“We’ll find out. If they don’t, maybe some early risers will have trampled it down for us.”

  Andrea would never consider the handicapped access route that overlooks the falls. And we do need the exercise. “I think we’d better see the falls before we eat. It’s difficult to hike all the way down and back on a full stomach.”

  Andrea nodded. “Okay, let’s go for a drive around Davis and see if there are any new shops or restaurants since we were here last. We can always go back if we decide we want to eat there.”

  Snow was piled high along the sides of the road as we headed toward Davis. As we drove through town on Highway 32, we passed the National Bank of Davis. “That’s it!” Andrea yelled. She pulled over to the side of the street and stopped.

  “That’s what?”

  “That’s the name that was on the pen behind the desk when Olga was killed.”

  “Oh. Did you mention that pen to the sheriff?”

  “Yes, and he has the pen. They dusted it for fingerprints, but found nothing but smudges. It may have fallen out of someone’s pocket, or possibly someone just left it on the desk and it got knocked to the floor. I suppose the murderer might have put it there to cast suspicion on someone else.”

  At that moment we saw a sheriff’s car drive up and double park in front of the bank. Willard Hill got out and sauntered into the bank as if he owned it.

  “That’s interesting,” Andrea said.

  “Yes, isn’t it? And double parking. What nerve!”

  We drove around town for a bit, and then went on to Blackwater Falls State Park. We stopped at the parking area for the hike down to the falls. A few sight-seers had been there before us, and the snow was trampled into a V-shape in the center of the wooden stairs. I followed Andrea down the tunnel of snow-laden evergreens.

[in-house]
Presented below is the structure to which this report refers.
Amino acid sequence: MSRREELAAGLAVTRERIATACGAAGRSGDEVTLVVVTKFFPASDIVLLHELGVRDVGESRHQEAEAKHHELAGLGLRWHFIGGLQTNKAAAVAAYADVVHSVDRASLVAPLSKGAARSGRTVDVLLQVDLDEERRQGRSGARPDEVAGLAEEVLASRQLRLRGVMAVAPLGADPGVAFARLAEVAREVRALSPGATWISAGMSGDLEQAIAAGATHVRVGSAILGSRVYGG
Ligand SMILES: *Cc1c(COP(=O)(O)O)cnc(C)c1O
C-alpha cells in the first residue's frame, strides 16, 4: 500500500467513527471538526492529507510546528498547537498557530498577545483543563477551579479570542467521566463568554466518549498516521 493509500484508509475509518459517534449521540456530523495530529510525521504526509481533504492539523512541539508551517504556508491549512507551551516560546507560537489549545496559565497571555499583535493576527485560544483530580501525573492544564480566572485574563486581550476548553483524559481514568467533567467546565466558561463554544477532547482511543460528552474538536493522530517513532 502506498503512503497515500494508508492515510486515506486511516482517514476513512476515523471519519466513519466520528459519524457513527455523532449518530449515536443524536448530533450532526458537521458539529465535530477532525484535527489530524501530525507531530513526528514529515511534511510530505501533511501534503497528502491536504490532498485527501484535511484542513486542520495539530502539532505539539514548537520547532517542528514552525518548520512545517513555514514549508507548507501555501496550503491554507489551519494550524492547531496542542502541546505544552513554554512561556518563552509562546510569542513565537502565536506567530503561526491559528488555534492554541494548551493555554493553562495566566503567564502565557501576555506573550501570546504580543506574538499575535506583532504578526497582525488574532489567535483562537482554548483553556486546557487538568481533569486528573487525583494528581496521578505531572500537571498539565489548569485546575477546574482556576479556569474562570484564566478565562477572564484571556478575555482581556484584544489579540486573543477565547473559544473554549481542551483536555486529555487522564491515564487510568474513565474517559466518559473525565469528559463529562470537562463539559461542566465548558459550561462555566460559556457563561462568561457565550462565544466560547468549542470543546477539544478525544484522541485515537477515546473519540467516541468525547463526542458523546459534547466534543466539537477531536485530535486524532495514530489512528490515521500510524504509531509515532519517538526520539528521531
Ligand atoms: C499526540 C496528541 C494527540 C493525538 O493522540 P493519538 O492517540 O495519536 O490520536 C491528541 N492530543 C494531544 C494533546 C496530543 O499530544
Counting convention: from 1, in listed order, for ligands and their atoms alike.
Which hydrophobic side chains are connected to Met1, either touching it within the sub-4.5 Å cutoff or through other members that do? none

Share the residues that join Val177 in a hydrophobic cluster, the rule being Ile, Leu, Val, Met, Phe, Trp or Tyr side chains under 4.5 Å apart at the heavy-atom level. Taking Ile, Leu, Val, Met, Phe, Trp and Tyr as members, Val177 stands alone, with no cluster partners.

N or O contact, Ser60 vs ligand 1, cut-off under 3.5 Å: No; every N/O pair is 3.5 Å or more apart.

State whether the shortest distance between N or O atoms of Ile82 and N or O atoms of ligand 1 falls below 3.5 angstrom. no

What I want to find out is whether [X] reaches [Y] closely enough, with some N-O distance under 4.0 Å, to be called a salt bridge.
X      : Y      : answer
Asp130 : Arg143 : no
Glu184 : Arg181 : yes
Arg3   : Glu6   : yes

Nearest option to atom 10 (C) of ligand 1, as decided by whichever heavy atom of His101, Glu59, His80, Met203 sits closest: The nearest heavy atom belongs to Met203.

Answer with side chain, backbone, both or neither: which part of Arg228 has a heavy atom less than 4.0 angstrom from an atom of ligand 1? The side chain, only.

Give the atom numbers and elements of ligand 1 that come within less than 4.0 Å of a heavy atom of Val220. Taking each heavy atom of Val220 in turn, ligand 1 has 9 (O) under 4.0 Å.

“I keep thinking about Willard Hill,” I said. “We noticed that he seemed disturbed by Olga’s death, and Ivy mentioned that he was always mooning around, and Olga wouldn’t have anything to do with him. Now we see him going into the bank, the same bank where someone got a pen that was dropped at the scene. What do you make of all this? Do you suppose he was stalking her?”

  “I’m wondering, too. But someone shot Franklin Stuart, and we’re thinking their aim was to kill Stefan. Would Willard have a reason to kill Stefan? Or Franklin Stuart, for that matter? Or maybe there’s no connection between the two murders.”

  We had reached the bottom and walked out onto the platform for viewing the falls. All thoughts of murder were driven from my mind by the beauty of the ice palace before us. Huge sheets of ice hung over the falls, with the water running under and between them. The trees in the gorge were covered in crystals created by the spray. It was all sparkling in the morning sunlight of a cloudless day. I was breathless, as I always was when I stood in this spot, summer or winter.

  We stood there in silence for a while, and Andrea took out her digital camera and snapped some shots of the falls and the gorge. We heard voices, people coming down the stairs, and we looked around to see the young couple from the lodge. Or I assumed they were still staying at the lodge. The only time we had seen them was at Seneca Rocks. They must be hibernating in their room, or maybe staying out late at night and coming in after we went to bed.

  They seemed as surprised to see us as we were to see them. Andrea snapped some photos of them with the falls in the background, took their email address, and promised to send the pictures when we got home.

  We started the climb back to the top. “What’s their name?” I asked.

  “Wes and Staci Nicholson.”

  “Funny, you saw their name on the guest register, but the only times we’ve seen them is the other day at Seneca Rocks and now here at Blackwate
r.”

  “They must stay out late at night. Davis has some night spots now.”

  We were running out of breath and couldn’t talk any more. Or rather I was, so Andrea took pity on me and we stopped at a landing for a brief rest and then struggled the rest of the way to the top where I collapsed in the car.

  “Going down’s the easy part,” I gasped. “Let’s eat at the lodge. I’m starving.”